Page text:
The world celebrates a second New Year under the shadow of Covid

The world is celebrating a second year under the shadow of the New Year Covid /></p><p> MISE & Agrave; DAY</p><p> <strong> SYDNEY | Celebrations canceled or severely restricted, music prohibited, New Years Eve limited to the family “bubble”: the world is preparing to begin a third year of pandemic in 2022, while contaminations are exploding but timid signs of hope appear. </strong></p><p>The past twelve months have seen the arrival of a new American president, dreams of democracy fade from Afghanistan to Burma to Hong Kong or Russia, and the first Olympics without spectators.</P ></p><p> But it is the pandemic that has once again ruled the daily lives of most of humanity. More than 5.4 million people have died since the virus was first identified in China in December 2019.</p><p> Countless more have been infected, subjected to lockdowns, blankets -fire and a variety of tests.</p><p>The emergence of the particularly contagious Omicron variant at the end of 2021 pushed the 1 million daily cases of coronavirus to the top for the first time, according to an AFP count.</p><p> The France in turn announced Thursday evening that Omicron was now in the majority on its territory, after a meteoric increase in recent days.</p><p> <strong> “Focus on the positive” </strong></p ><p>Britain, the United States and even Australia, which had long been immune from the pandemic, are breaking records of new cases.</p><p> Vaccine distribution at around 60% of the world population nevertheless gives a glimpse of hope, although some poor countries still have only limited access and a section of the population remains reluctant.</p><p> The Kiribati Islands, in the Pacific, were the first to celebrate the New Year starting at 10 a.m. GMT.</p><p>But from Seoul to Paris or San Francisco, New Years celebrations have again been canceled or reduced.</p><p> In Sydney, the city that usually boasts of being the 'New Years Capital of the World', the Crowds were unusually small in the harbor to witness the traditional fireworks display.</p><p> Only tens of thousands of spectators were there, with the event usually gathering over a million people.</p><p>“I'm just trying to focus on the positive things that happened this year rather than the negatives,” said Melinda Howard, a 22-year-old medical student who waited outside the Opera House for the show to start.</p><p> The celebrations in Rio de Janeiro, which usually bring together three million people on Copacabana Beach, are also maintained.</p><p> <strong> “Celebrate life” </strong></p><p> As in Times Square in New York, official events will be reduced, but large crowds are still expected.</p><p>“People only want one thing, to get out of their homes, to celebrate life after a pandemic that has forced everyone to lock themselves up,” said Francisco Rodrigues, 45, a server at Copacabana.</p><p> Some Brazilians are more dubious, in a country where the pandemic has killed nearly 619,000 people, the worst death toll in the world after that of the United States.</p><p> The Tunisian government has for its part announced at the last moment the cancellation of the festivities in Tunis “in view of the development of the epidemic situation”.</p><p>In the United Arab Emirates, Dubai is still planning a fireworks display at Burj Khalifa, the tallest tower in the world with its 828 meters, and the emirate of Ras Al-Khaimah will once again try to break the world record for the largest fire in the world. 'artifice.</p><script async=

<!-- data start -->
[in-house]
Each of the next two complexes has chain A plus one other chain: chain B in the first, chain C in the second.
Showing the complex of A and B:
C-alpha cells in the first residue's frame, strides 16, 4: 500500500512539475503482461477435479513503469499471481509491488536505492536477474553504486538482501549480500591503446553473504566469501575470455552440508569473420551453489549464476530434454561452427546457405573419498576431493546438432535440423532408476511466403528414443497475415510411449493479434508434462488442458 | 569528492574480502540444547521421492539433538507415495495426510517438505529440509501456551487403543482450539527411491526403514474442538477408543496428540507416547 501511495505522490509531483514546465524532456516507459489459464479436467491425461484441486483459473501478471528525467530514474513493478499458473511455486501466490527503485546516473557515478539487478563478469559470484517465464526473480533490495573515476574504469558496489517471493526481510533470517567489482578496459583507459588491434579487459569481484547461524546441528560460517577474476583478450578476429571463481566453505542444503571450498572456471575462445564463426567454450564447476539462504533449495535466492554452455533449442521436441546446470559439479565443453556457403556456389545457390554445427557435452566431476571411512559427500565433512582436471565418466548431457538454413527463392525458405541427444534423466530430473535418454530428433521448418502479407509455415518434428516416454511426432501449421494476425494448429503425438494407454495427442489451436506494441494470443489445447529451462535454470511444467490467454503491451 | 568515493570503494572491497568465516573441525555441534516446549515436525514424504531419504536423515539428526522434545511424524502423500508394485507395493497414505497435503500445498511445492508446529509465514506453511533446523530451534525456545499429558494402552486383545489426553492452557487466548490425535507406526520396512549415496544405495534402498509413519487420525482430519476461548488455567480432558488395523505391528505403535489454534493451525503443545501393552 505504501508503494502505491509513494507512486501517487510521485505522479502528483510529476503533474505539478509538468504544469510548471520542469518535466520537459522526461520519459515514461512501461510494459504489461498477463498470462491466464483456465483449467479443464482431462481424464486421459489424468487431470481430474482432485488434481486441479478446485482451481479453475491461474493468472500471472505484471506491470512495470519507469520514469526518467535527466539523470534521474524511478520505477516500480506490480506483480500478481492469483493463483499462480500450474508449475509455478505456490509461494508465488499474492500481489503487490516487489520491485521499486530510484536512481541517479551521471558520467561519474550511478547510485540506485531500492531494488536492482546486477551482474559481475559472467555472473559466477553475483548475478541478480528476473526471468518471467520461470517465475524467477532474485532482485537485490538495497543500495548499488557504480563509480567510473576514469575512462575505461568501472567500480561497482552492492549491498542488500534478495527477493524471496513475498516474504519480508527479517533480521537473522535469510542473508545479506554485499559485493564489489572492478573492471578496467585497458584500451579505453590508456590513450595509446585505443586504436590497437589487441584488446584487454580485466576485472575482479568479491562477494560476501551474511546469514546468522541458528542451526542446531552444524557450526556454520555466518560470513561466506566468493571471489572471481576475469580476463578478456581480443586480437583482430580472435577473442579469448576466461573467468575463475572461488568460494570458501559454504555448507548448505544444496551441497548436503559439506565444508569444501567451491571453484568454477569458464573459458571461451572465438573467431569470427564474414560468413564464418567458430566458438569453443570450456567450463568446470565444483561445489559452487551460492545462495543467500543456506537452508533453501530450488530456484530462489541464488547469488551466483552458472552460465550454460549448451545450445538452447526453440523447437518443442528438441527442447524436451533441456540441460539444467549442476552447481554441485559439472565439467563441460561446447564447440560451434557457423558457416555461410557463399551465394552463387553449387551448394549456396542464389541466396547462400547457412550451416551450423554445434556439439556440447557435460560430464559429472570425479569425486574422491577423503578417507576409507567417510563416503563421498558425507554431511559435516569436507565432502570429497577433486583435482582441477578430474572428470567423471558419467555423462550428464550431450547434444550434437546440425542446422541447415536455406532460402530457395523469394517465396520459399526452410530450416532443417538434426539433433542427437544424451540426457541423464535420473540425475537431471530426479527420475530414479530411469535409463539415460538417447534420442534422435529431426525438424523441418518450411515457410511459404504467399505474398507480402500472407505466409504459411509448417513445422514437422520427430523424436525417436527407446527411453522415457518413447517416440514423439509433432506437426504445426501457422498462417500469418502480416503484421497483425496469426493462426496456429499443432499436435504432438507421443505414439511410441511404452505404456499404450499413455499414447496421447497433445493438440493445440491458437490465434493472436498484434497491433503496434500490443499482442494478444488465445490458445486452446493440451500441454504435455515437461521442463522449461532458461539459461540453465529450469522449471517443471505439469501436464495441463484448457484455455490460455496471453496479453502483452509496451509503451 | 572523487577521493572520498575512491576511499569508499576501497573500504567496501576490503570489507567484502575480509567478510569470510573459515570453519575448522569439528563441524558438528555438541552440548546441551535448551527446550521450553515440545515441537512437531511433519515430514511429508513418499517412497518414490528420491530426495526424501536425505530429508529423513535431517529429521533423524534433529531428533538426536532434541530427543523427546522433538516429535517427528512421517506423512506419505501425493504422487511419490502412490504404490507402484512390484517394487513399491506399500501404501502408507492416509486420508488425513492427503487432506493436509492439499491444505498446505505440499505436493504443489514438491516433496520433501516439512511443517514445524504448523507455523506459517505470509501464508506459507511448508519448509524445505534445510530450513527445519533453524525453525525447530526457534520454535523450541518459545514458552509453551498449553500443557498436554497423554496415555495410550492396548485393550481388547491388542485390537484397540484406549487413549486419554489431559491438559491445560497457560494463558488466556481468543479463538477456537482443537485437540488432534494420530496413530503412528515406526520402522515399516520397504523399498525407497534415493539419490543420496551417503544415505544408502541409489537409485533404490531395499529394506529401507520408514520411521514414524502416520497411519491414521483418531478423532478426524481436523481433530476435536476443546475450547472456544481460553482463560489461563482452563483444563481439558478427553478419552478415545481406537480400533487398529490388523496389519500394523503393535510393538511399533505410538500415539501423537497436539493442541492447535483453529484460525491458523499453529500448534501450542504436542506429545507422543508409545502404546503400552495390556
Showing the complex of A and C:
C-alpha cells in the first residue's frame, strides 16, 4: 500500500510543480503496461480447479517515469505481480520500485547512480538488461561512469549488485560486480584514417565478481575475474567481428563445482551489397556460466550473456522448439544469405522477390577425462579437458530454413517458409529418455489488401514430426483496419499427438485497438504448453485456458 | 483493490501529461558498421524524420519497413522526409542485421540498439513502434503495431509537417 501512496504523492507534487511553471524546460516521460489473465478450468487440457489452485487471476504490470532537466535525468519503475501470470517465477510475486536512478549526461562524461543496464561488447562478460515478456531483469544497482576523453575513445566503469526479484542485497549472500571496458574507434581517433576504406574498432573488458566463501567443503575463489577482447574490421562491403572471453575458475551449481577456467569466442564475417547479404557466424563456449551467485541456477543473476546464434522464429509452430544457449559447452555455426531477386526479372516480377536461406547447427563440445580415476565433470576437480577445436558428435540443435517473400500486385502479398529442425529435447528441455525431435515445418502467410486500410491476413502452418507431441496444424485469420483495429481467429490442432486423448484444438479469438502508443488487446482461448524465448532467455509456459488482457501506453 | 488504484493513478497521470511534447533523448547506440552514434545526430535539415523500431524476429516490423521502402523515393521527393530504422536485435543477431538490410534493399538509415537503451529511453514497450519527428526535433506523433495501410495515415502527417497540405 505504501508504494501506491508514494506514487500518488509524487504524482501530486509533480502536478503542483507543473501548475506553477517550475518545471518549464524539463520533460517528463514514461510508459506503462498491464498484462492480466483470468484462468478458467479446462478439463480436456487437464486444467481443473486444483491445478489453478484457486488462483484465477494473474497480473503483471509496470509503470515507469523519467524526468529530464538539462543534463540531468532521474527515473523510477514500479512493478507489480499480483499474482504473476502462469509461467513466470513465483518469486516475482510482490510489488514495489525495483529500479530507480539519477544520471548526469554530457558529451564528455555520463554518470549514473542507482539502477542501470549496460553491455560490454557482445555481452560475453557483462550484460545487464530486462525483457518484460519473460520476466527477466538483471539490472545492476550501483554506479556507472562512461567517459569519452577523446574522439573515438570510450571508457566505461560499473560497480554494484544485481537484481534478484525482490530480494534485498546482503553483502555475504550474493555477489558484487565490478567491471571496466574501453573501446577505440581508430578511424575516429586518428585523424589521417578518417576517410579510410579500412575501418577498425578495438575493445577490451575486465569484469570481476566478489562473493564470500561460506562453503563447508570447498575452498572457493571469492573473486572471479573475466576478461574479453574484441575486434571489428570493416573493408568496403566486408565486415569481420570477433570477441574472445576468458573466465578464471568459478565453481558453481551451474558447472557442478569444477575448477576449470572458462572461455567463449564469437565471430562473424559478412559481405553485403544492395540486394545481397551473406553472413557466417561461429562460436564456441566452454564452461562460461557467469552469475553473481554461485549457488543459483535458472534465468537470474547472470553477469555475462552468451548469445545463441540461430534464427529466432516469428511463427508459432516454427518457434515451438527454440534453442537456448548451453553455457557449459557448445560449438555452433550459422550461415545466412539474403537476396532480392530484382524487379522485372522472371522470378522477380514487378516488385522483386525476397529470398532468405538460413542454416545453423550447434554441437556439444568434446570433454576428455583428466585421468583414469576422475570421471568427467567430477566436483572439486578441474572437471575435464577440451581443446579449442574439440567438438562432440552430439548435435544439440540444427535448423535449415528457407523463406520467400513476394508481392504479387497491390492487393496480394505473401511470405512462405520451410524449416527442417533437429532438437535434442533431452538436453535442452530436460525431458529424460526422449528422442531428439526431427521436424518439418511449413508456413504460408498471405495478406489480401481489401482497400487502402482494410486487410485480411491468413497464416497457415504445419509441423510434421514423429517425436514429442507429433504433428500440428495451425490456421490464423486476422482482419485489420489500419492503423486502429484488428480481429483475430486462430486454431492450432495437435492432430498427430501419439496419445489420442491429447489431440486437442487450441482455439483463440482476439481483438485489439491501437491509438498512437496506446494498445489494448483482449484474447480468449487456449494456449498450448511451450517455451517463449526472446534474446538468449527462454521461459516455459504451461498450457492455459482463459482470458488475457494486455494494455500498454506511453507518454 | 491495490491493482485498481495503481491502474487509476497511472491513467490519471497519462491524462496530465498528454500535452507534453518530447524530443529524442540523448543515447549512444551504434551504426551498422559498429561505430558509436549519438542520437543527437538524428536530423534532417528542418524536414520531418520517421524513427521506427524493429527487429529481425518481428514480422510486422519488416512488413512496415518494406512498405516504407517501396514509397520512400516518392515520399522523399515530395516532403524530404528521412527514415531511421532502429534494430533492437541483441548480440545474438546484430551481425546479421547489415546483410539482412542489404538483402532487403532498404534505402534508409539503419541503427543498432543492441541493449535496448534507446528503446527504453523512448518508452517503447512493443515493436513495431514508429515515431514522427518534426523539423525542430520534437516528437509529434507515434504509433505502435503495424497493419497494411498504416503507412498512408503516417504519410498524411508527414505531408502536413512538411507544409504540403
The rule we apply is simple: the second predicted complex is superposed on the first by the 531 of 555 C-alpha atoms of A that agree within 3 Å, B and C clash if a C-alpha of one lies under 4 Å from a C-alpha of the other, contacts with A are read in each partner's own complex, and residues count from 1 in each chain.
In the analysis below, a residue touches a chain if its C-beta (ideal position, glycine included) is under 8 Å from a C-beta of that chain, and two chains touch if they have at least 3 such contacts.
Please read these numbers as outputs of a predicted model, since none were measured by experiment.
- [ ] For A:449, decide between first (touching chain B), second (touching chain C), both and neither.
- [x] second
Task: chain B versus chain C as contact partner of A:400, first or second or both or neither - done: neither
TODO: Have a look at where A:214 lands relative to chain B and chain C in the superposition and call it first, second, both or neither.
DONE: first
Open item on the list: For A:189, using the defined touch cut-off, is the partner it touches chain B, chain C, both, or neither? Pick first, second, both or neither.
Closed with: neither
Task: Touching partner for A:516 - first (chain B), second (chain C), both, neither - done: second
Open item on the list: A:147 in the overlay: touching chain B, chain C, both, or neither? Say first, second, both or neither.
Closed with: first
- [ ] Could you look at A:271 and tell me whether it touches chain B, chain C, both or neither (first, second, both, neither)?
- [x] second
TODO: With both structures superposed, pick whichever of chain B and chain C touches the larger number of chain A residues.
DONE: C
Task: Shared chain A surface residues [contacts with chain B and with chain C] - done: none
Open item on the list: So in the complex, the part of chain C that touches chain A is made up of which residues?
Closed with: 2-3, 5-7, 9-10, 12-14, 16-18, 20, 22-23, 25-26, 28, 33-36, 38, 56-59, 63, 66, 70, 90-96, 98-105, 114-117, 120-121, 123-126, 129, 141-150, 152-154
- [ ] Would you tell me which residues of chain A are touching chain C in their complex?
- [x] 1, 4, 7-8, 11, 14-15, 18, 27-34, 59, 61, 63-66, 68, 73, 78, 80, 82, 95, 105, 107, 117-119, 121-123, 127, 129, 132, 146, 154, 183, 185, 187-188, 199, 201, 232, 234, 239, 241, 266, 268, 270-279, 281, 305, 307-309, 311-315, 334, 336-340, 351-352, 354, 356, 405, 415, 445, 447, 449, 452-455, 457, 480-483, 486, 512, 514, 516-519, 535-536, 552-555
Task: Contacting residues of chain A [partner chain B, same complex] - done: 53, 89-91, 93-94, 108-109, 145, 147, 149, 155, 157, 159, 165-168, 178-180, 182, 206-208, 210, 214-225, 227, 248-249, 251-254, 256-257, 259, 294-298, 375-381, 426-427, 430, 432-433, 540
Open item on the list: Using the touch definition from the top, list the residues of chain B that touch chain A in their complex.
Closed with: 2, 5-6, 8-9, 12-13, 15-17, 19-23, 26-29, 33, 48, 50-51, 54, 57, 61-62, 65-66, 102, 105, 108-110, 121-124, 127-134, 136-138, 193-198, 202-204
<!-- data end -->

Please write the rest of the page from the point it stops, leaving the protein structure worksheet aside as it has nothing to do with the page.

In South Africa, the first country to report the new variant at the end of November, the nighttime curfew in effect for 21 months and which had been reduced to times between midnight and 4 a.m. was lifted on the eve of the celebrations. for the new Year. Wearing a mask remains compulsory in public spaces, however, and gatherings remain limited (1,000 people outside, 2,000 inside).

“Tsunami of cases”

During the past year, many countries, especially in the West, have hesitated to reinstate the drastic measures of 2020, in order to avoid another economic recession. But 2021 nonetheless saw an increase in protests against the restrictions in Europe and beyond, while a minority still hesitated to be vaccinated, raising fears about how the pandemic could end without the spread of disease. vaccination rate.

Experts hope that the year 2022 will mark a new, less deadly phase of the pandemic. But the World Health Organization is predicting tough months ahead.

WHO chief Tedros Adhanom Ghebreyesus said he feared “that Omicron, more transmissible, circulating at the same time as Delta, will cause a tsunami of cases” and “immense pressure on exhausted caregivers and health systems in the world. on the verge of collapse. ”

The year 2021 also ends with a rise in geopolitical tensions, including in Europe with the threat of Russian intervention in Ukraine.

“We have firmly and constantly defended our national interests, the security of our country and our citizens,” said President Vladimir Putin in his televised greetings, already broadcast in the far east of the country, more than 20 years later. 'be delivered for the first time to the exercise.

He mentioned the Covid epidemic, without citing the figure of more than 600,000 deaths established the day before by the national statistics agency – two times more than the figure communicated by the government – which places the country among the most wounded in the world.

Finally, the announcement in the United Kingdom, with more than 15 degrees Celsius recorded in the north- The hottest New Year's Eve on record in the country was a reminder of another concern of 2021, which will persist into the new year: climate change.

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